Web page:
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Stretching 12.6 miles through south-central Pennsylvania, this rail-trail follows the route of the former Huntingdon and Broad Top Mountain Railroad, a standard--gauge railroad founded in 1852 to carry coal—the black diamonds of Pennsylvania—to eastern markets. By the end of World War I, coal mining on Broad Top Mountain reached its peak, and the need for the railway began a slow decline; the Huntingdon and Broad Top Mountain Railroad declared bankruptcy in late 1953 and shuttered its operations early the following year. History buffs take note: The Everett Railroad Station Museum, 3 on-road miles from the southern trailhead, offers more on the railroad and history of the surrounding area (Saturdays, April–October).
Tracing a relatively flat path from the community of Tatesville, located in Everett in the south, to Riddlesburg in the north, the upper half of the trail closely parallels the Raystown Branch of the Juniata River as it too flows north. There are no water fountains along the trail, and only one permanent restroom is available at approximately the midway point, so plan ahead.
From the trailhead at Tatesville, the pathway quickly plunges into a forested canopy that provides shade in the summer. A little more than 4 miles of pedaling along the crushed-stone path brings you to a 1930s-era railroad trestle spanning the Raystown Branch. The bridge, about 250 feet long, is perhaps the visual centerpiece of the Huntingdon and Broad Top Rail Trail, delivering lovely views of the river that you’ll be following for the final 6 miles of the ride to the northern endpoint.
Shortly after crossing the bridge, state game land will be on your right. Hunters can use the trail, though they are not allowed to discharge firearms from it. Nevertheless, you may hear gunshots year-round, particularly in late fall and winter. Wildlife in the area include deer, turkeys, and even bald eagles.
As you leave the state game land behind and approach the small town of Hopewell, the surface changes to a coarser stone pathway that you’ll share with cars accessing the Coopers Recreation Area. Primitive restrooms are available here. Camping is allowed, as is RV parking, though there are no facility hookups available (call the Hopewell Township administrative office at 814-928-5253 to arrange camping). A large concrete pad is all that remains of the Cooper Sawmill, once a major industry in the area and a producer of the creosote used to preserve railway lumber. This spot offers easy fishing access to the river.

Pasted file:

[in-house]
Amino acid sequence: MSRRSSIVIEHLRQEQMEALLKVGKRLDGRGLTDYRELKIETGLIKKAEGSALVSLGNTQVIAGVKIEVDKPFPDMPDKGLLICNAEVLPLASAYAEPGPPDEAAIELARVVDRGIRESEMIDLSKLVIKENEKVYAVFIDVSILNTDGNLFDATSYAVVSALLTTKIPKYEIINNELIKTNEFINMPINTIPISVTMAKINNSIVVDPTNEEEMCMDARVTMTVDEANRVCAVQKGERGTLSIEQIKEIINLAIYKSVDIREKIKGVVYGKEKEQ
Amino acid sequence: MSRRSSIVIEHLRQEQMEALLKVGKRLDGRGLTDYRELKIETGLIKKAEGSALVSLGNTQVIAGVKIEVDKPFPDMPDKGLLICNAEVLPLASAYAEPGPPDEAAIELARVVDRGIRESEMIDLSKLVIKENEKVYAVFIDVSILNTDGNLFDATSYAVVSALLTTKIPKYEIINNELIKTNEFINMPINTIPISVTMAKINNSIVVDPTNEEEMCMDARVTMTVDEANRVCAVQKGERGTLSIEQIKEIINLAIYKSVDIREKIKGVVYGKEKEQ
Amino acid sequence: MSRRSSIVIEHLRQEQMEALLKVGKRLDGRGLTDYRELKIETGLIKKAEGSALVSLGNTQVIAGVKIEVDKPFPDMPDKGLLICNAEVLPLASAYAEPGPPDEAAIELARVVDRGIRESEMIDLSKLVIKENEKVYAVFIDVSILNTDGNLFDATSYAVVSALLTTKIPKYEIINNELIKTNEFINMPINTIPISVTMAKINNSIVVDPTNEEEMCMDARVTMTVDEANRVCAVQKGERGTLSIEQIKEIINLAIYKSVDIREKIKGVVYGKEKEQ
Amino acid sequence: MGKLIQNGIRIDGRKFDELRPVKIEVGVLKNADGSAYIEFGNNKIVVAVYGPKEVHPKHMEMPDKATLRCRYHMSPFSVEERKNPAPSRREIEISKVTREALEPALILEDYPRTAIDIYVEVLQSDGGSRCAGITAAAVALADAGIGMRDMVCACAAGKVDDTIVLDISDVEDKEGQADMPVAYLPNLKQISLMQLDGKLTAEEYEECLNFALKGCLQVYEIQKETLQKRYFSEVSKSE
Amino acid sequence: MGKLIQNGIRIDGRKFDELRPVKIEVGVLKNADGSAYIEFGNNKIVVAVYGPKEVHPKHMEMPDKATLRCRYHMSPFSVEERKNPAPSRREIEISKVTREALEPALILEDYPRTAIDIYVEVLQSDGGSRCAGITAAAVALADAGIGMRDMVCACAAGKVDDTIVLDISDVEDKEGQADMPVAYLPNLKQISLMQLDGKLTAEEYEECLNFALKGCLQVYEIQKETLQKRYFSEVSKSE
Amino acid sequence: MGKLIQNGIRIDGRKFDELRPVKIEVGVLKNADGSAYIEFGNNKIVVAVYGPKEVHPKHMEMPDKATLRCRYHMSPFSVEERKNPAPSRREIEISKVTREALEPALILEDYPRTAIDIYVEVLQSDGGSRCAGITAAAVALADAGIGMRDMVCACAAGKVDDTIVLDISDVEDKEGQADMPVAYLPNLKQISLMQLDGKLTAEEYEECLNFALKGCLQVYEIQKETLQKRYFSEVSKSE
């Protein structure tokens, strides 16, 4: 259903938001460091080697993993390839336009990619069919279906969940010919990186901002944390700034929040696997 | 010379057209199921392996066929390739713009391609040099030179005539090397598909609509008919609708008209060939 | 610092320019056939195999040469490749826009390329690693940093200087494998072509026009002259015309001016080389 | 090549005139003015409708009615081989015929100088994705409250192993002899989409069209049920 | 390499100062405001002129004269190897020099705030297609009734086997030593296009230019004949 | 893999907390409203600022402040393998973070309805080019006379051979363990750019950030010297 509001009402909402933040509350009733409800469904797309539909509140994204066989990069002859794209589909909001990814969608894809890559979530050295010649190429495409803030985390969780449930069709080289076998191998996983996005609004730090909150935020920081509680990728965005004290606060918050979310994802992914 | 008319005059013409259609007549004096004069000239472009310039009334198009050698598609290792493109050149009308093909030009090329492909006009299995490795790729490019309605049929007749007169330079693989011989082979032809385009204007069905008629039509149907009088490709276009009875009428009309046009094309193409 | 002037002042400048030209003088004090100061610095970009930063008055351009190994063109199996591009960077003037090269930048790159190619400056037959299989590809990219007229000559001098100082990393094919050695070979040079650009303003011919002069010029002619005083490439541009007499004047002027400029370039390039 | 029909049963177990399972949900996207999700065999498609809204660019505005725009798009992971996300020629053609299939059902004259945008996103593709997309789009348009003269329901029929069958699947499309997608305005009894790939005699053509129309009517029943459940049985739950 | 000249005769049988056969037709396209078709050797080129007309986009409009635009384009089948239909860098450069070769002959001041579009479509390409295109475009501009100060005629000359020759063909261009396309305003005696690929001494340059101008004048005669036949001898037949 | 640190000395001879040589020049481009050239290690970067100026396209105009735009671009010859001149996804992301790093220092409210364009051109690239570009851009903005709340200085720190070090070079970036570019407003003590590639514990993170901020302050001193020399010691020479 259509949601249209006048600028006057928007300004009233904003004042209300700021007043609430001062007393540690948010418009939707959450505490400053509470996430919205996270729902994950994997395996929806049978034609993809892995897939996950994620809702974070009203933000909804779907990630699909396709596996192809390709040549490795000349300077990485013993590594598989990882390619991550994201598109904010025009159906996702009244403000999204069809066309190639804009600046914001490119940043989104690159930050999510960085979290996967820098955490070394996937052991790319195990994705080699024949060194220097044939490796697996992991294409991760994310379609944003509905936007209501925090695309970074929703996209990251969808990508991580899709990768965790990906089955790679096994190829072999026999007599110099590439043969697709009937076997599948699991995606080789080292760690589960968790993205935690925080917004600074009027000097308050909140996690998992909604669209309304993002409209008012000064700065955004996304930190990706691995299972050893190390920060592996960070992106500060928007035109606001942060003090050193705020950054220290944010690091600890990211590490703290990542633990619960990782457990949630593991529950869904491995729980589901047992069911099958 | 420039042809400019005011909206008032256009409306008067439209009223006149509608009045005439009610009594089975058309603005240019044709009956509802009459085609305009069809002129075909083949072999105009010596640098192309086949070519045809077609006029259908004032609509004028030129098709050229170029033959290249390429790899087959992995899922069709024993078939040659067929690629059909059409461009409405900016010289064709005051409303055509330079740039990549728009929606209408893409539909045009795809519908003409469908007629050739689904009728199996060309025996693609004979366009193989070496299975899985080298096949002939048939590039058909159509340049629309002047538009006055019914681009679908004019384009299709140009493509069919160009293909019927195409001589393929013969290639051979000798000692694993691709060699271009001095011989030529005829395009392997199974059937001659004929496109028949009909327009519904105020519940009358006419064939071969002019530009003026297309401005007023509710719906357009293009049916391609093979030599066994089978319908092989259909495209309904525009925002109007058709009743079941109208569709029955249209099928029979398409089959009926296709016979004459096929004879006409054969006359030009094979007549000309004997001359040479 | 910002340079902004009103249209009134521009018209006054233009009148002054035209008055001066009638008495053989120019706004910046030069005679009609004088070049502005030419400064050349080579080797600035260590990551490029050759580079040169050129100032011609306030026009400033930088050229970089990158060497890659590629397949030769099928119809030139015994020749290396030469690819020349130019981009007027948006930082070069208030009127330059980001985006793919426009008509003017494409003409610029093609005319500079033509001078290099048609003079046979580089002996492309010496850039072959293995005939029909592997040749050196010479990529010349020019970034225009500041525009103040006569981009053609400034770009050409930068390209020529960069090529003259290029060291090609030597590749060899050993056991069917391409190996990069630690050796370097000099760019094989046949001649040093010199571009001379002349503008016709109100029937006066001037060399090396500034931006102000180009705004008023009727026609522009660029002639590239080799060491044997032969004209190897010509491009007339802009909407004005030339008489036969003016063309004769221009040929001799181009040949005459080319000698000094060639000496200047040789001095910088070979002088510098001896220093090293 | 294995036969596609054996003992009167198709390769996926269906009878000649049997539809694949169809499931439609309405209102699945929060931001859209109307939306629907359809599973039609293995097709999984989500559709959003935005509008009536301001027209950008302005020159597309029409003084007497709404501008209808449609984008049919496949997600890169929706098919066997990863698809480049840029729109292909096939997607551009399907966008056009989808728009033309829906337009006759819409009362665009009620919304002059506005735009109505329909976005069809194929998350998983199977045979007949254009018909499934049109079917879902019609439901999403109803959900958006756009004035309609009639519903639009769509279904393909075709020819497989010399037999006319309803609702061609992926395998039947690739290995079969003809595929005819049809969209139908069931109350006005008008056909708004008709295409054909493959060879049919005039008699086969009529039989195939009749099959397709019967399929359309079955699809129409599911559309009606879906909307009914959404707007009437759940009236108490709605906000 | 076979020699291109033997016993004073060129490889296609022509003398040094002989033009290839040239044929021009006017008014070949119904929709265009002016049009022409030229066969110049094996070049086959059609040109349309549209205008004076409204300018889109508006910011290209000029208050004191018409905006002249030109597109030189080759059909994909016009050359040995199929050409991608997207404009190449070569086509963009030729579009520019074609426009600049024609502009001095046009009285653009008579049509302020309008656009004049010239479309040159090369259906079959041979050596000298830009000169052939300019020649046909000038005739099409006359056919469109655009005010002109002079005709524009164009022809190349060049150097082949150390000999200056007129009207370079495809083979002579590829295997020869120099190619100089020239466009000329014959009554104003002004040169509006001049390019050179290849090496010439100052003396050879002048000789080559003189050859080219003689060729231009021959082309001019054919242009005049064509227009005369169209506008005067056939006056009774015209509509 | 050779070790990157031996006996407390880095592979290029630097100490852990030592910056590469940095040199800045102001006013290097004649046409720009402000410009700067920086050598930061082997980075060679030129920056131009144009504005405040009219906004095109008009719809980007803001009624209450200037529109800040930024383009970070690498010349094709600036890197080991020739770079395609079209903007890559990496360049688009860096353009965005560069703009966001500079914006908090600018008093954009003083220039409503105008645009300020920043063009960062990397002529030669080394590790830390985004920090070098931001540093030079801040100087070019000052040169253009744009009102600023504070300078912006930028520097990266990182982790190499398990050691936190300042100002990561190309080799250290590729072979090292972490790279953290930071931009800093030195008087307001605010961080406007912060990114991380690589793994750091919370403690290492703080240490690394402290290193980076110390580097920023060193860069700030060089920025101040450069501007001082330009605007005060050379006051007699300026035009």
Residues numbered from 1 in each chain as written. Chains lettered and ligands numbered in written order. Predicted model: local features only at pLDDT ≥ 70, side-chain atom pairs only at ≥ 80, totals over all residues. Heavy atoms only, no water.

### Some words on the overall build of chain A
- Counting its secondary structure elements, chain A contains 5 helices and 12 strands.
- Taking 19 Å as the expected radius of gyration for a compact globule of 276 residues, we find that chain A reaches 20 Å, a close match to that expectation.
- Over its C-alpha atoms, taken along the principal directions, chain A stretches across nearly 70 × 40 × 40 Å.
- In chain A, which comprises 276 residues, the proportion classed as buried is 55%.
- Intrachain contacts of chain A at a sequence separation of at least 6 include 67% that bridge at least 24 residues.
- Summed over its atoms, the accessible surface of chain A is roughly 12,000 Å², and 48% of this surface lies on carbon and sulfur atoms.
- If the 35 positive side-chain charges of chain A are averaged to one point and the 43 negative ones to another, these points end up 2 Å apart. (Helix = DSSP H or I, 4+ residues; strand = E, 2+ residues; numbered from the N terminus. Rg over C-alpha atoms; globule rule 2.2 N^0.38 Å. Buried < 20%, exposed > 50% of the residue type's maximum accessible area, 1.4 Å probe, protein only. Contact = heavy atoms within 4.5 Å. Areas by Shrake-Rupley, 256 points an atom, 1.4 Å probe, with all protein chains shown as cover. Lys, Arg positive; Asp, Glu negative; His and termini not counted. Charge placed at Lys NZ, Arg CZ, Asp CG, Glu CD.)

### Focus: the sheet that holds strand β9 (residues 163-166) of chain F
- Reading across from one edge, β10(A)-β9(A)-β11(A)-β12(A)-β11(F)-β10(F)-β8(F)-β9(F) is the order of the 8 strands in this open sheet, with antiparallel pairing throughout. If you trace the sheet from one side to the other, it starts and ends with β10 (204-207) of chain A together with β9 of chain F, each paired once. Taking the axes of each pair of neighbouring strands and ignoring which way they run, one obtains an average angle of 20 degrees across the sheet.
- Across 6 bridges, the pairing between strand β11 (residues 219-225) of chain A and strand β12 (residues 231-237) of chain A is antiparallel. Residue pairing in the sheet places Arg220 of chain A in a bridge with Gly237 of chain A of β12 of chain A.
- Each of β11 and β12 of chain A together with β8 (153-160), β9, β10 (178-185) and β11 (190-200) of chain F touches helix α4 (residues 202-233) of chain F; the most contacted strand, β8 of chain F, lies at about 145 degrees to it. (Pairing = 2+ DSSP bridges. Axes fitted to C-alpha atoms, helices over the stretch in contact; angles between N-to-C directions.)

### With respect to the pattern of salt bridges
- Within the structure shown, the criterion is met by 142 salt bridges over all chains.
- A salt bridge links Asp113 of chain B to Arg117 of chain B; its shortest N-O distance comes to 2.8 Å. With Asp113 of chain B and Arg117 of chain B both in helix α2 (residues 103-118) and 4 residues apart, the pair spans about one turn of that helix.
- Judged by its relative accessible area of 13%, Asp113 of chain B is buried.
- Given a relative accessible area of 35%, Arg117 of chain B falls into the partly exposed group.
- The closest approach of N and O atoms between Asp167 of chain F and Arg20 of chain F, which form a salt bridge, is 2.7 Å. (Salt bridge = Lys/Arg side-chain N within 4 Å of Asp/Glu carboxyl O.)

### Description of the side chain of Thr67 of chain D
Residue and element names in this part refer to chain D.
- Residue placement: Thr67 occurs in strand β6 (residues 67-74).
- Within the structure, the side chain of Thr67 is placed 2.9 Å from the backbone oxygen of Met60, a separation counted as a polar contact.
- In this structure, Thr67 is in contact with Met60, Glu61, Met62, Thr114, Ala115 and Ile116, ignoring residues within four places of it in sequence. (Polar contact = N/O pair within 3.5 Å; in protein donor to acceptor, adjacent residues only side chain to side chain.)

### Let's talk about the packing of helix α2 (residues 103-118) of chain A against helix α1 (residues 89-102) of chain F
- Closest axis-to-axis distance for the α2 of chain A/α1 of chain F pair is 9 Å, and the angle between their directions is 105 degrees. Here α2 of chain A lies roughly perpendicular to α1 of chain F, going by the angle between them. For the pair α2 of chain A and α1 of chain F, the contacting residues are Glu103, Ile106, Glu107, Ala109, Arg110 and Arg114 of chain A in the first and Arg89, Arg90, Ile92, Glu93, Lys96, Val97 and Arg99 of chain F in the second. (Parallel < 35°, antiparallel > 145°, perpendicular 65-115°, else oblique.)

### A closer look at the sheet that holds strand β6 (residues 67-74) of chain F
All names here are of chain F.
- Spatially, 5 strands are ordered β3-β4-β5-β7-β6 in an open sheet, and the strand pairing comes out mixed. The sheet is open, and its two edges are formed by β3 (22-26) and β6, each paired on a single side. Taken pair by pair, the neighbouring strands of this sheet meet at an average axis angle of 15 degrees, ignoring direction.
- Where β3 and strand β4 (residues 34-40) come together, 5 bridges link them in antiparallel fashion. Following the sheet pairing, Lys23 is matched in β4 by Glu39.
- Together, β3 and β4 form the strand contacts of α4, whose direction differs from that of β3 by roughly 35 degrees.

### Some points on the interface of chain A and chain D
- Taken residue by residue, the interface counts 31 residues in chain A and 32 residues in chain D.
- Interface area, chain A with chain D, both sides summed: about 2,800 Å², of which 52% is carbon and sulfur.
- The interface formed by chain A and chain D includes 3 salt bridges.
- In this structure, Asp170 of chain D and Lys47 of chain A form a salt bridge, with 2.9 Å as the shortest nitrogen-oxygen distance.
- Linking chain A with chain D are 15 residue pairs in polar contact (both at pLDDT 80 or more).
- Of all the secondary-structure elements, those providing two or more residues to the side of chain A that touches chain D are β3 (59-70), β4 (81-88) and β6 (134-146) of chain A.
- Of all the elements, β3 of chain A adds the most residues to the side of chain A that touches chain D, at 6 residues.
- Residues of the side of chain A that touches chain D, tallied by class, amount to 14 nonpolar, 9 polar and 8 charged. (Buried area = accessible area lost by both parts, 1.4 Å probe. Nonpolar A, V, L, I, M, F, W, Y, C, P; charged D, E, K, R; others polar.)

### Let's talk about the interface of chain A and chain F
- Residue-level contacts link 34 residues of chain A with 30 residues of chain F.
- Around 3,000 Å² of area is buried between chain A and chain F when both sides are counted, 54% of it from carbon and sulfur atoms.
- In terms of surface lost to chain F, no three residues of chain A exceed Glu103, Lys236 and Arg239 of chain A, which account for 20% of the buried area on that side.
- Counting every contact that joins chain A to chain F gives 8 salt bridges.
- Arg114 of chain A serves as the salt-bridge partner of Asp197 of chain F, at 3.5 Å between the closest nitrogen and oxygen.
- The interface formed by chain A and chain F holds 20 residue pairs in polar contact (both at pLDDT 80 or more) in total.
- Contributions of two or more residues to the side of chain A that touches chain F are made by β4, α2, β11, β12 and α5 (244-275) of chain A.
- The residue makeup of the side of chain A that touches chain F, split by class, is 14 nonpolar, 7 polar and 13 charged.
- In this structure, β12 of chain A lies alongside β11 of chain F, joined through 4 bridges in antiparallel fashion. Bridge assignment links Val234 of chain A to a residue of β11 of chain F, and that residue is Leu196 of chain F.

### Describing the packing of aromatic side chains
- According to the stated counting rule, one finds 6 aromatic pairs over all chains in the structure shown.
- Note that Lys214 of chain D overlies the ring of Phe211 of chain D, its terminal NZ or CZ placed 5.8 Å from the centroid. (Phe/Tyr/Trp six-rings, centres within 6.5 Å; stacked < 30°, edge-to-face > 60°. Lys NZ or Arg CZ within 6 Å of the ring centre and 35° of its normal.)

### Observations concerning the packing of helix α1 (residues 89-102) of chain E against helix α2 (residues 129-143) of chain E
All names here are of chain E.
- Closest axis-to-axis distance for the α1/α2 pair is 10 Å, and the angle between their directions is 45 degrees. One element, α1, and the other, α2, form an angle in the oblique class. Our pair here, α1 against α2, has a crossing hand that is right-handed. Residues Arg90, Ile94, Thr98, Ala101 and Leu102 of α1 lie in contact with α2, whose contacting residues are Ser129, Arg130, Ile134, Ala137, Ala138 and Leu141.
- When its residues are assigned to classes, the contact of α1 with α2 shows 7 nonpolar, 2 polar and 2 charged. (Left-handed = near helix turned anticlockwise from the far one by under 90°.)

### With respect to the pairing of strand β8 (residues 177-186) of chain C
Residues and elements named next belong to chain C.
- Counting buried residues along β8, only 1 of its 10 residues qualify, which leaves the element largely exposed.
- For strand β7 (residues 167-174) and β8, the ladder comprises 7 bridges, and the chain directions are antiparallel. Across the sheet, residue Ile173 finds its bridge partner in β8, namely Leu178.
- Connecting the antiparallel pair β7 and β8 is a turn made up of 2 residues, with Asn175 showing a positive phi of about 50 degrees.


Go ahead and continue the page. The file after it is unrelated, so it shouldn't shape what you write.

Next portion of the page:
The trail is entirely on road through the small town of Hopewell (population less than 250), but the route is well marked. In town you’ll pass by the Hopewell Train Station, the original train depot. While the station is not open for tours, the nearby Keystone Foundry Museum is (June–September, Saturdays and Sundays, 1–4 p.m.). The foundry, which served as a production and repair shop for the Huntingdon and Broad Top Railroad, features a collection of tools and equipment seemingly frozen in time the day the facility shut its doors for good in 1935. In an area once brimming with blast furnaces, foundries, and other iron industry sites, the Keystone Foundry alone has survived. Note: The museum is operated by volunteers from the nearby senior citizen center; call ahead to ensure the museum is open and staffed: 814-928-5111.
The trail picks up again on the north end of Hopewell with smooth crushed stone underfoot once more. With fairly consistent views of the river, you may well see kayakers and canoeists in warmer weather. The path comes to a trailhead with parking a little more than 2 miles later in Riddlesburg. The trail is open 30 minutes before sunrise until 30 minutes after sunset. The actual endpoint of the trail is another two miles north at the Red Cut picnic area, although there is no parking there.
To reach the southern trailhead in Everett, take I-70 W to its end in Breezewood, past mile marker 148. Turn left onto US 30 W, go 7.5 miles, and take the exit toward SR 26 N/Huntingdon/-Raystown Lake, and go 0.7 mile. Continue onto the Bud Shuster Bypass, and go 1.9 miles. Bear right to stay on the Bud Shuster Bypass, turn right onto SR 1009, and go 0.2 mile. Continue on Plank Road, go 0.1 mile, and take a sharp left into the trailhead parking lot. The trail begins just across the street from the parking lot on Plank Road.
To reach the northern trailhead in Riddlesburg from I-99 N, take Exit 7 for SR 869 toward St. Clairsville/Osterburg, and turn right onto SR 869 E. Go 3.5 miles, turn right to stay on SR 869 E, and go 5.1 miles. Turn right onto SR 36 S, and go 3.8 miles. Then turn left onto SR 26 N, and go 6.8 miles. Turn right onto Six Mile Run Road, and then take an immediate right onto Newton Road. Look for parking immediately on your left.
To reach the northern trailhead in Riddlesburg from I-99 S, take Exit 23 for SR 164 toward SR 36/Roaring Spring/Portage, and go 0.7 mile. Continue onto SR 164 E, and go 3.3 miles. Then turn left to stay on SR 164 E, and go 10.9 miles. Turn right onto SR 26 S, and go 3.7 miles. Turn right to stay on SR 26 S, and go 4.7 miles. Turn left onto Six Mile Run Road, and then take an immediate right onto Newton Road. Look for parking immediately on your left.
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